If you like blues and old school country, original songs performed by the songwriter, acoustic guitar or performers that sound like the album, then you would enjoy Jamey Johnson. Other than some added guitar riffs, it sounded like studio recordings, which is rare for live music. My favorite part, though, is the couple that was asked to sit back down after going to the front near the stage and slow dancing to “In Color”, which is a song about a grandpa telling his life story through black and white photos. Very romantic moment, for sure.
When I was in middle school, Bill Clinton, Ross Perot and George Bush (there was no need for the H.W. then) were running in 1992 and MTV was all about Rock the Vote. Between music videos, they would have short interview clips or VJ’s telling you to go and rock it while people screamed. It was really well-meaning, but pretty annoying. They would interview some of the screamers and the answers were sometimes things like “I’m going to vote because stuff is important!” Kind of like social media now.
I think people should vote, but if you don’t care, don’t vote. Please. If you aren’t willing to research beyond your friend Gunther’s Facebook post, don’t vote. If you think the dogcatcher locally should be determined by whether you like the president or not, don’t vote. Voting is important…if it’s informed. Going to a poll to get a selfie, not so much.
When you’re 18, you can vote. You start paying taxes – my first experience with taxes was buying a pack of baseball cards for a quarter when I was seven. It was .27 cents and I didn’t have enough. You can get your own healthcare – or stay on Mom and Dad’s for a spell – but eventually that will matter, especially if you are in poor health or start a family. You begin to realize immigration, national defense and human rights issues are more important than you thought in high school. You get a paycheck (or can’t find a job and don’t). You meet new people with different life experiences than you and may think differently on things – left or right or both. My point is, if you go through all that, and don’t care take the time to vote once a year or two, then please don’t run out and smash buttons to get a sticker. Leave it up to people that do care. Rock the couch! (For everyone else, seriously, go out and vote.)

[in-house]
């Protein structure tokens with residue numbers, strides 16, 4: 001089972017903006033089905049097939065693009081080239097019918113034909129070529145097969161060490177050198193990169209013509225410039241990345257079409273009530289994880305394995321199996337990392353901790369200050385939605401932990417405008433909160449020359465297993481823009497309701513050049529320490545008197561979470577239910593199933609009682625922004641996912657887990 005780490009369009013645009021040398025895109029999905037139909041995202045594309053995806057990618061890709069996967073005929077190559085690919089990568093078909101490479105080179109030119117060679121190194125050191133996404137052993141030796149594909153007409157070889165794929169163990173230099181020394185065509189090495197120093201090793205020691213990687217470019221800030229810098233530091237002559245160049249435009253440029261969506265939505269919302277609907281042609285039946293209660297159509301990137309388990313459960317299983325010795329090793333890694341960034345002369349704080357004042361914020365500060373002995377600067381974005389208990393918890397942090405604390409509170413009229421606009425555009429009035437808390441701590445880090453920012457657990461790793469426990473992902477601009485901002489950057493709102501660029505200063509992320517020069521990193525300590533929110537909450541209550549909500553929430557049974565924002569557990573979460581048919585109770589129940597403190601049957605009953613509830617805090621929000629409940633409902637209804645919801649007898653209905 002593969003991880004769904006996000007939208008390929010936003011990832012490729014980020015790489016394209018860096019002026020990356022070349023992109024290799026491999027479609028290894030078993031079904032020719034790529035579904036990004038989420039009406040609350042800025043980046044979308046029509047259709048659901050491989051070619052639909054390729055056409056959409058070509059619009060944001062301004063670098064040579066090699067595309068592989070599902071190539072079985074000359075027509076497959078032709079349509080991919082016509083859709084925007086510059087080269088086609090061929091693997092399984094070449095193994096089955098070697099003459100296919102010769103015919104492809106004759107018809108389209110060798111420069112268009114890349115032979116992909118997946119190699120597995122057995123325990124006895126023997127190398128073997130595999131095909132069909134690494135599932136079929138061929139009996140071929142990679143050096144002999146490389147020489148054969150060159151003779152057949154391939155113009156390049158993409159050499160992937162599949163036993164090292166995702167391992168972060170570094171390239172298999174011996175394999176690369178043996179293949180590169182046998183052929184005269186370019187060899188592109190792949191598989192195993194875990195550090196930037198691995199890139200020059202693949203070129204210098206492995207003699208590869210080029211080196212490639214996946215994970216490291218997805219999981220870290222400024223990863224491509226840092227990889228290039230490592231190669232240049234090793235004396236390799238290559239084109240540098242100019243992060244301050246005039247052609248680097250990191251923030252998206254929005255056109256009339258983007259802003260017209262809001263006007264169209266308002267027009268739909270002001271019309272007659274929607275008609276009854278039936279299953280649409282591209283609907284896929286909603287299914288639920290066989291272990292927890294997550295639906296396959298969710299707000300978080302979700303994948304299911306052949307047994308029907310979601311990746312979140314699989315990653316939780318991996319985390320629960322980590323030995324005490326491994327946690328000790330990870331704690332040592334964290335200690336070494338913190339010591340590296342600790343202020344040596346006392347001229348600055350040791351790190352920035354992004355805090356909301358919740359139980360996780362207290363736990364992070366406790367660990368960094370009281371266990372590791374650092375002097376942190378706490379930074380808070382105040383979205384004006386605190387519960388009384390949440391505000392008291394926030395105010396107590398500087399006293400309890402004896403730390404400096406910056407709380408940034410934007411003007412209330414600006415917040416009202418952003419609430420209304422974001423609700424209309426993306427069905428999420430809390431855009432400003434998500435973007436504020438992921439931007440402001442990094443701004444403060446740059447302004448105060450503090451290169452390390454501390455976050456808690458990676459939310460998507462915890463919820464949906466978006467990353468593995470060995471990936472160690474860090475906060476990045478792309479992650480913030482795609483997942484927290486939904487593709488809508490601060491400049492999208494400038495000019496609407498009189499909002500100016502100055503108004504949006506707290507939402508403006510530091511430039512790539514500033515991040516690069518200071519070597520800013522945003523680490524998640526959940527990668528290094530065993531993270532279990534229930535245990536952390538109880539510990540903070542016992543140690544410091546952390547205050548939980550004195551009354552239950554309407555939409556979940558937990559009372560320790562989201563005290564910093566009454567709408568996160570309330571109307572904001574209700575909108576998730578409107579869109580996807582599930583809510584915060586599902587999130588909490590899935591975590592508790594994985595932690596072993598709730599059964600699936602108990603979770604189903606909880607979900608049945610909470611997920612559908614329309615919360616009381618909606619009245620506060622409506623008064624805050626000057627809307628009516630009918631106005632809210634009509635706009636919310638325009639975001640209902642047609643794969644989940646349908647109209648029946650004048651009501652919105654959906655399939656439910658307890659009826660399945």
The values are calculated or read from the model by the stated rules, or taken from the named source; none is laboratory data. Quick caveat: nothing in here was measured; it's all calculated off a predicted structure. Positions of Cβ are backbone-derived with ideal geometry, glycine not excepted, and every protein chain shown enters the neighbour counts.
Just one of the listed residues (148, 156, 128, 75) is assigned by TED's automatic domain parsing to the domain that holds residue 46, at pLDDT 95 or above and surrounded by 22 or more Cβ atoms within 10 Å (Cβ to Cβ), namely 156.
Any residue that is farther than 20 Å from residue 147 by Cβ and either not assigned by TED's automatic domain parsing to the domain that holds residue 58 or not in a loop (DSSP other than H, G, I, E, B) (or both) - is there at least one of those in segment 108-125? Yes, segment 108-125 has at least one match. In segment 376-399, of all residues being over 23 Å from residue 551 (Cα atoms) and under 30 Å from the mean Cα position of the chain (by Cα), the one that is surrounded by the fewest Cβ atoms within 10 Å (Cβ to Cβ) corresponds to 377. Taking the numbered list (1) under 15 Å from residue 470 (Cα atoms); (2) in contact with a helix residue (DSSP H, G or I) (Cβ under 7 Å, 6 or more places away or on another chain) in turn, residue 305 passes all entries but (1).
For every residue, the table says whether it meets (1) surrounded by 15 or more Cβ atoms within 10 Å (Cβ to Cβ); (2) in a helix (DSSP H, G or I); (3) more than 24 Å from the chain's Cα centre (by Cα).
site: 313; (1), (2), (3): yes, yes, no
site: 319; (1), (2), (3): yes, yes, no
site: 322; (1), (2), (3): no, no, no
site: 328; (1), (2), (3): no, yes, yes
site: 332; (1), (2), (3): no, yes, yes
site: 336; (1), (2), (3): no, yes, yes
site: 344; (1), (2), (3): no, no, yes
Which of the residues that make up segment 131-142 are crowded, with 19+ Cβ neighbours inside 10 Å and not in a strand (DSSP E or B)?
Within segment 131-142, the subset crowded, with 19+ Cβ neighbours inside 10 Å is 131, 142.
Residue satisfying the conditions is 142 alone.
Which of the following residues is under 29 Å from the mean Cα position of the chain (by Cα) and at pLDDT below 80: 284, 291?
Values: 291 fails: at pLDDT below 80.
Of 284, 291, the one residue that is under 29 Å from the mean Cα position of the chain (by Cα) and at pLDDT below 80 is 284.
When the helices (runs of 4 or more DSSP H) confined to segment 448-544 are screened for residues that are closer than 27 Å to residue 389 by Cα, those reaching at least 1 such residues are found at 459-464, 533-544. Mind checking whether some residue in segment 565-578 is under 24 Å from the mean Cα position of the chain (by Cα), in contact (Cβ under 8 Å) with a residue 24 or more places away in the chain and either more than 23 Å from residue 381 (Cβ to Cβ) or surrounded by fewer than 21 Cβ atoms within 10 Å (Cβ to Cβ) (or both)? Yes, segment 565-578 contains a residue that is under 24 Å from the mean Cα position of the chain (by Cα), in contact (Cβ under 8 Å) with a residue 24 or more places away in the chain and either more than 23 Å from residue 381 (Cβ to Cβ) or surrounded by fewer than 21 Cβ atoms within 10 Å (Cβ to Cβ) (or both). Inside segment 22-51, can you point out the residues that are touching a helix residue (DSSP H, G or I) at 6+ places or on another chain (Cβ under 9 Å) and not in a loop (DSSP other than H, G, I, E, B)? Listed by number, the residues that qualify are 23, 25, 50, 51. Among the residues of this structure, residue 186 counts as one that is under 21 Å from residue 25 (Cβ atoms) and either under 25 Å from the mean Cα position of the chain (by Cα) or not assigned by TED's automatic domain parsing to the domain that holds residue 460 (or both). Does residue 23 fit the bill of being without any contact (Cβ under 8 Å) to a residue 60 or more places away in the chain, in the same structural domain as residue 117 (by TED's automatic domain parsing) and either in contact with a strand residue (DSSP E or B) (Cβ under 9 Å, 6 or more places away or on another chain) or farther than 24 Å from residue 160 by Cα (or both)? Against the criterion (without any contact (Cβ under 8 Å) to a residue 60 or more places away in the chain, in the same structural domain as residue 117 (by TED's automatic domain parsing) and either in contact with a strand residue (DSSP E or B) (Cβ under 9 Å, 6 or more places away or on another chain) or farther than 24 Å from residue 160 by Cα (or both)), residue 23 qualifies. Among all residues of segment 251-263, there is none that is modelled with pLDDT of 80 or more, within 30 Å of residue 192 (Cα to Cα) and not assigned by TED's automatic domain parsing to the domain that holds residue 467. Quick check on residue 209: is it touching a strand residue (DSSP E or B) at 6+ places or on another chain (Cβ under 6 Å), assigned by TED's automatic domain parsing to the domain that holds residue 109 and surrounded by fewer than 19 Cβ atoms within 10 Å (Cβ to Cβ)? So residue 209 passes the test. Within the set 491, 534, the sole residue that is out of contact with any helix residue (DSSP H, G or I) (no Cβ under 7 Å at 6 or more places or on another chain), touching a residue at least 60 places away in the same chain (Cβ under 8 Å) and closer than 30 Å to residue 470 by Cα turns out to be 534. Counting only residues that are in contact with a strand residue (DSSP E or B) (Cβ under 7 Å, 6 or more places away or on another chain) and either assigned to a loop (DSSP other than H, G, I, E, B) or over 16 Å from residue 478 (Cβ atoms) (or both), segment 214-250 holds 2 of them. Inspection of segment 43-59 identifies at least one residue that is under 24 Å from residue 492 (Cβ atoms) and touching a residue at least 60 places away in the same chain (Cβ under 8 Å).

Well, I picked a hell of a time to start really trying to lose weight. Halloween, Thanksgiving and Christmas all on the radar. We took the kids trick or treating Wednesday. It was raining all day, but briefly broke so we could run out. I was hot because I sweat 84% of the year, but my wife went as the Wicked West of the West, so we were all very concerned she may melt. Rules are rules.
My son did very well, mostly because he’s too young to know how goofy that hat is. Everyone was really friendly, especially when they kept offering my daughter extra candy. That’s great, because we all know how that works out. She ate a couple pieces as was dancing until 10:30. I almost had to put her in a straightjacket to get her to bed.